Charity review: Calls for 'chugging' regulation

Clipboard and pen
Image caption Lord Hodgson said licensing laws were seen as not applying to 'chugging' because donors signed up to payments rather than handing over cash

Councils should be given greater powers to deal with aggressive charity collectors on High Streets in England and Wales, according to a new report.

In his review of the charity sector , Lord Hodgson recommended councils be able to license fundraisers and control where and how collections take place.

Council rules do not currently cover so-called chugging - "charity mugging".

The government said all the Conservative peer's recommendations would be "carefully considered".

Lord Hodgson said there was a "broad consensus" that the licensing laws did not apply to "chugging" because it involved donors signing up to direct debit payments rather than handing over cash.

He said the Public Fundraising Regulatory Association (PFRA) estimated chuggers raised some £130m for charity each year.

"The problem with 'chugging' is that it is seen as, and can be, aggressive, to the point where anecdotal evidence suggests that the presence and activities of 'chuggers' can discourage people from going to nearby shops, or even visiting high streets at all," he wrote.

"These are issues of frequency and behaviour - both of which can and should be addressed through regulation."

But, referring to voluntary site agreements between collectors and local authorities established by the PRFA, he added: "I would urge local authorities to try voluntary site agreements - and only if problems persist, consider resorting to statutory regulation."

Smaller charities

The government appointed Lord Hodgson last year to investigate the effectiveness of the Charities Act 2006.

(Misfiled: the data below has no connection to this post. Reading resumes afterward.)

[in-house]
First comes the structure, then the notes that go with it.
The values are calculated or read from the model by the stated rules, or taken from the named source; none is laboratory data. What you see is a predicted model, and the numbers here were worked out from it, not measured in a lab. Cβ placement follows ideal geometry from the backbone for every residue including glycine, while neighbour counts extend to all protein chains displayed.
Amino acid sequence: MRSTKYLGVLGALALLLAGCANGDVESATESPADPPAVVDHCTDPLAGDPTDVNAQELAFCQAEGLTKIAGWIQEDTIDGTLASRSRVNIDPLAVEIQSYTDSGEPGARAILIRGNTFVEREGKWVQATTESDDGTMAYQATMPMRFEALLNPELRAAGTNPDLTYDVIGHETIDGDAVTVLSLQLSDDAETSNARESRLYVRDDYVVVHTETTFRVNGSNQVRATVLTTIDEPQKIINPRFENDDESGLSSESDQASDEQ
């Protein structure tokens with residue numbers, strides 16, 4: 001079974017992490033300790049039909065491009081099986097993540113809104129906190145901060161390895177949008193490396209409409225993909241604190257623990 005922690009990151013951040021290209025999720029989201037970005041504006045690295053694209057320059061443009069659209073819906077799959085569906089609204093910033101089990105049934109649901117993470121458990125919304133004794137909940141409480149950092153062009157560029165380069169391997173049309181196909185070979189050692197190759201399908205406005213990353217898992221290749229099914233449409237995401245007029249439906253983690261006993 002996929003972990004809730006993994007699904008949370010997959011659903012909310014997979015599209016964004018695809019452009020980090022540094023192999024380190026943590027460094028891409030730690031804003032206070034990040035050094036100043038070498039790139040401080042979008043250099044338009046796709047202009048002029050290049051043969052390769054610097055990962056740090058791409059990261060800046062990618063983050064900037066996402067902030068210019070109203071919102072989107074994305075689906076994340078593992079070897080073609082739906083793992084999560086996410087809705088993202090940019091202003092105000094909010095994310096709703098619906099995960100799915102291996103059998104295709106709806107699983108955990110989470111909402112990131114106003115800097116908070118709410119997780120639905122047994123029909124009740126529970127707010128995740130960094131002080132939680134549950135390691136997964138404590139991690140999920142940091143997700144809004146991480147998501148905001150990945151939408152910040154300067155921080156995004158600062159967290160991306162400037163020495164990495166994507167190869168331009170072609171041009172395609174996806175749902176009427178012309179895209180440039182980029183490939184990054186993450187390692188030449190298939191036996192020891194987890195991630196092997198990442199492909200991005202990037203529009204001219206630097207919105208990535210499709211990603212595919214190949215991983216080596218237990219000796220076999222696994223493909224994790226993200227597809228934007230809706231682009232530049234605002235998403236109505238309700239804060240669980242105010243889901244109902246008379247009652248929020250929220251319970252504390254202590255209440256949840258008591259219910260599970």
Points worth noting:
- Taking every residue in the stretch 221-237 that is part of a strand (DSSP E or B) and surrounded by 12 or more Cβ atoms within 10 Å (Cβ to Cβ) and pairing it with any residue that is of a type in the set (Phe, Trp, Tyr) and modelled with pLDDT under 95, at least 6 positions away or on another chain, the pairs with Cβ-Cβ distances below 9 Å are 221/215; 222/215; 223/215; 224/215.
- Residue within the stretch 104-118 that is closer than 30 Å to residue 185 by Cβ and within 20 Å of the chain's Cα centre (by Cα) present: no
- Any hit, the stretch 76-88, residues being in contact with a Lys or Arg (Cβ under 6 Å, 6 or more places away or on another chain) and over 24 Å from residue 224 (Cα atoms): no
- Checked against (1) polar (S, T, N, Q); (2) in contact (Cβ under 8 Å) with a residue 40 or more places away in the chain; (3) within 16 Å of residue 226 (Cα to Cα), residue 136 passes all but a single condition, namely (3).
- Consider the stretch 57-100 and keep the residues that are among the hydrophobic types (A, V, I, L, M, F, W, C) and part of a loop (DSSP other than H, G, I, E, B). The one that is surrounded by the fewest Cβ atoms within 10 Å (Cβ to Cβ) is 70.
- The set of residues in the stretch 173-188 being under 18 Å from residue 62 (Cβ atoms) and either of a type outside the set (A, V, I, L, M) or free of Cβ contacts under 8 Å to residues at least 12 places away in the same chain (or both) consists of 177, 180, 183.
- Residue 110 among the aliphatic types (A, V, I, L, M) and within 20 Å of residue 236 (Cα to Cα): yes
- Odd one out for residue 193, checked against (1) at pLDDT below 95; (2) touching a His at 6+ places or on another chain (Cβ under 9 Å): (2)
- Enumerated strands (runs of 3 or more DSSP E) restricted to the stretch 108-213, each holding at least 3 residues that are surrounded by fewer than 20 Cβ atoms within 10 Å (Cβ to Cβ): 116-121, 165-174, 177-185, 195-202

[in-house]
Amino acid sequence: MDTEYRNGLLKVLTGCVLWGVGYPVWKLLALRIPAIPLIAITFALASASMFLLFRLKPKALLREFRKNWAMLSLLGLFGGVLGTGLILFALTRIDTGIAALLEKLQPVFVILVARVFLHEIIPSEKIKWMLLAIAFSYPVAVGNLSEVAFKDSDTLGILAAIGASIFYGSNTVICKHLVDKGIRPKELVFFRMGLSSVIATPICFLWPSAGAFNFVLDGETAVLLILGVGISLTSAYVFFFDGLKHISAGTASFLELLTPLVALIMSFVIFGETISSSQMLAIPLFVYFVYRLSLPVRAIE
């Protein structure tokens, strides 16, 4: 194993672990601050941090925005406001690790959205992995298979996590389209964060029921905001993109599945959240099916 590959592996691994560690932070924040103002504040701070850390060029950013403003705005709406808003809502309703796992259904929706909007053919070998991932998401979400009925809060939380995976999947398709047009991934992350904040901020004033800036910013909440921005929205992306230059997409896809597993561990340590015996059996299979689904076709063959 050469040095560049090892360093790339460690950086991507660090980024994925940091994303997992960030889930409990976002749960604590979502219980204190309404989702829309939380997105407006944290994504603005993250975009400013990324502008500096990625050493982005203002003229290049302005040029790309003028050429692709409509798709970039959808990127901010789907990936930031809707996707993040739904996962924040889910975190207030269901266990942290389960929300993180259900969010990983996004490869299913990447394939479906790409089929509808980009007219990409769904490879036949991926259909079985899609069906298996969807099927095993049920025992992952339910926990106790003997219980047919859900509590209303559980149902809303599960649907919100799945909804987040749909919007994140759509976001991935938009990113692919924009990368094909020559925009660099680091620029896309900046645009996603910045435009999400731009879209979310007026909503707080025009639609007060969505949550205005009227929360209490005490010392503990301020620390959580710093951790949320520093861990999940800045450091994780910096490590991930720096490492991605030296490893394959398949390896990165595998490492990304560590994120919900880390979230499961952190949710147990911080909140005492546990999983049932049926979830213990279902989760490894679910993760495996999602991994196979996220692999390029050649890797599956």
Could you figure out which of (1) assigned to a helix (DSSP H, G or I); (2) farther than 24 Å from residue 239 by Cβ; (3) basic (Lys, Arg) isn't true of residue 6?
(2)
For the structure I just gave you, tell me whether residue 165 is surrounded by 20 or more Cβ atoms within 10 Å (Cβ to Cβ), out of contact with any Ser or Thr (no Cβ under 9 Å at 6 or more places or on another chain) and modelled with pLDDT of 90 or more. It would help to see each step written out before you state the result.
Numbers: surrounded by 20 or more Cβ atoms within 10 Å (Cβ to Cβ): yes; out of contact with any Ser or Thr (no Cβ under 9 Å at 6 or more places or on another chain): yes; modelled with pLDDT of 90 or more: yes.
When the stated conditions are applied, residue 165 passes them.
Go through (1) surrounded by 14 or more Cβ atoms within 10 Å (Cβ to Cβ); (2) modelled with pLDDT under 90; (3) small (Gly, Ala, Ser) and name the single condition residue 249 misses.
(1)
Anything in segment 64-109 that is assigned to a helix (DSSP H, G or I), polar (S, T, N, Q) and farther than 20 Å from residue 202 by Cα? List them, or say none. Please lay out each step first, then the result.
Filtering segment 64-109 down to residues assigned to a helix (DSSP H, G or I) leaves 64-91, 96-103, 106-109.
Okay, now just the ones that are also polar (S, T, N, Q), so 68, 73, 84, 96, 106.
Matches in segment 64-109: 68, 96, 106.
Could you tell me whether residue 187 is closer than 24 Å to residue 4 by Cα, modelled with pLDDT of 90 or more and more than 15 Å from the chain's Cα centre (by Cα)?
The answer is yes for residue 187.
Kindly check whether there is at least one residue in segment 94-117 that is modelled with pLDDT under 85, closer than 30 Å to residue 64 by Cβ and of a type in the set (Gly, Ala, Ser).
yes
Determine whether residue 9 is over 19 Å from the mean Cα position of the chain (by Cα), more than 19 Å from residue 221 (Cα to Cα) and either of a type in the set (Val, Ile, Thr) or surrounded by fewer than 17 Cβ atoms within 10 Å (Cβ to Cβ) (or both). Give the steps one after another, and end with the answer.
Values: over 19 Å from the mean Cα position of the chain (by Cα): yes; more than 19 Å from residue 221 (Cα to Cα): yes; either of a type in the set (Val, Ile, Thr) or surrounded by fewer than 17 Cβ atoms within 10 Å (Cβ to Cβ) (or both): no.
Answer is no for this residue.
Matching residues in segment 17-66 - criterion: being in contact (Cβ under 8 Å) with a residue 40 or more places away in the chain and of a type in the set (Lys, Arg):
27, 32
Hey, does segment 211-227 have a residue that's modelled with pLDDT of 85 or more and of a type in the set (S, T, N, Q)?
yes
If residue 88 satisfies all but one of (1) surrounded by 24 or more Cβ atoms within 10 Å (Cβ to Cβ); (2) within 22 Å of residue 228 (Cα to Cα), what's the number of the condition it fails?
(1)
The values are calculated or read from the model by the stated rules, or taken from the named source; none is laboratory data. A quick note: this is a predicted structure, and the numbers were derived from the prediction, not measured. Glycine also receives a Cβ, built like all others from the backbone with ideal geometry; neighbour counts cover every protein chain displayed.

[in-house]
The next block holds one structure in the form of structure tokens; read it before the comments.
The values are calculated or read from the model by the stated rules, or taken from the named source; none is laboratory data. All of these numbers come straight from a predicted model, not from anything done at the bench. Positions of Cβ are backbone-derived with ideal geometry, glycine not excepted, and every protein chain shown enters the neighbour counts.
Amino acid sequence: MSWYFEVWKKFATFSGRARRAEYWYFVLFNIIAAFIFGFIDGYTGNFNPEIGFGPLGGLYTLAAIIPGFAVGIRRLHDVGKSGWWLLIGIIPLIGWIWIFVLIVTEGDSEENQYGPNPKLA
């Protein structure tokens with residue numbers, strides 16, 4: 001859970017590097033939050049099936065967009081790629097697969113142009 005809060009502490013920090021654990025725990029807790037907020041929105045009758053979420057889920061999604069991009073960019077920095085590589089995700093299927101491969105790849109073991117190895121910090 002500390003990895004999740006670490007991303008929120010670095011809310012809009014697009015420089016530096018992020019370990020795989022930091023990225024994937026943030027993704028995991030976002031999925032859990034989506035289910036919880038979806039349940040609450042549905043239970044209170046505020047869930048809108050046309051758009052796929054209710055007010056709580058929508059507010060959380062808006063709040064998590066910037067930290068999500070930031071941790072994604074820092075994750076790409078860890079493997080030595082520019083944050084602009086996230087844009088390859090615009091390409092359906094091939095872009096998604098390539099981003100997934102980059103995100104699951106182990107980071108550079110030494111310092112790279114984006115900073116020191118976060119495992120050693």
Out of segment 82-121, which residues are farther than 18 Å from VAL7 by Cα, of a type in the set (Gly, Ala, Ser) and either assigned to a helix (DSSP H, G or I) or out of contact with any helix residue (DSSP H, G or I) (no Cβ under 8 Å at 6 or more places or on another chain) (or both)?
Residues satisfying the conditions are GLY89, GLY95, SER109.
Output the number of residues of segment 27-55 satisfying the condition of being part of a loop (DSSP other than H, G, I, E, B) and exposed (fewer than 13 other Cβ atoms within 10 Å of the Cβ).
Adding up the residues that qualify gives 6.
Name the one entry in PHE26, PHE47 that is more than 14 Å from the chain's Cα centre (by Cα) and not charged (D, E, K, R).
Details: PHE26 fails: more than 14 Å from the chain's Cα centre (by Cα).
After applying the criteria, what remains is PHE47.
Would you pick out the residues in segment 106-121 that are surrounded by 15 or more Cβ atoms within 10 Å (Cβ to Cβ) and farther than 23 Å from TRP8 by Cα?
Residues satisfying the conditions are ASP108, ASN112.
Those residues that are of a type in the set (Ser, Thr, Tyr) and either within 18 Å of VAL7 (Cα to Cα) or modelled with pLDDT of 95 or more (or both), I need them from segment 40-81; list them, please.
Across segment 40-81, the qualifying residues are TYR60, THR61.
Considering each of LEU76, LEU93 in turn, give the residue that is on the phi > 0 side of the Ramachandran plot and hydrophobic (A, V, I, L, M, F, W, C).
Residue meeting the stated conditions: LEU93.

In his report, he said charities with incomes of more than £1m should be automatically allowed to pay their trustees. But he recommended that smaller charities still be required to get permission from the Charity Commission because there was a "danger of abuse" if they fell "below the regulatory and public radar".

The National Council for Voluntary Organisations (NCVO) said the change "would blur the boundaries between commitment to a cause and financial reward".

"Making the right (to pay trustees) automatic undermines the value of voluntarism which defines the sector and goes against the public mood," NCVO chief executive Sir Stuart Etherington said.

But a Cabinet Office spokeswoman said the change would give large charities "another tool" to help recruit trustees with "the right skills and experience".

Other recommendations in Lord Hodgson's report included raising the income threshold for compulsory registration with the Charity Commission from £5,000 to £25,000, removing Gift Aid for organisations who were late in filing accounts, and introducing fees for registering new charities.

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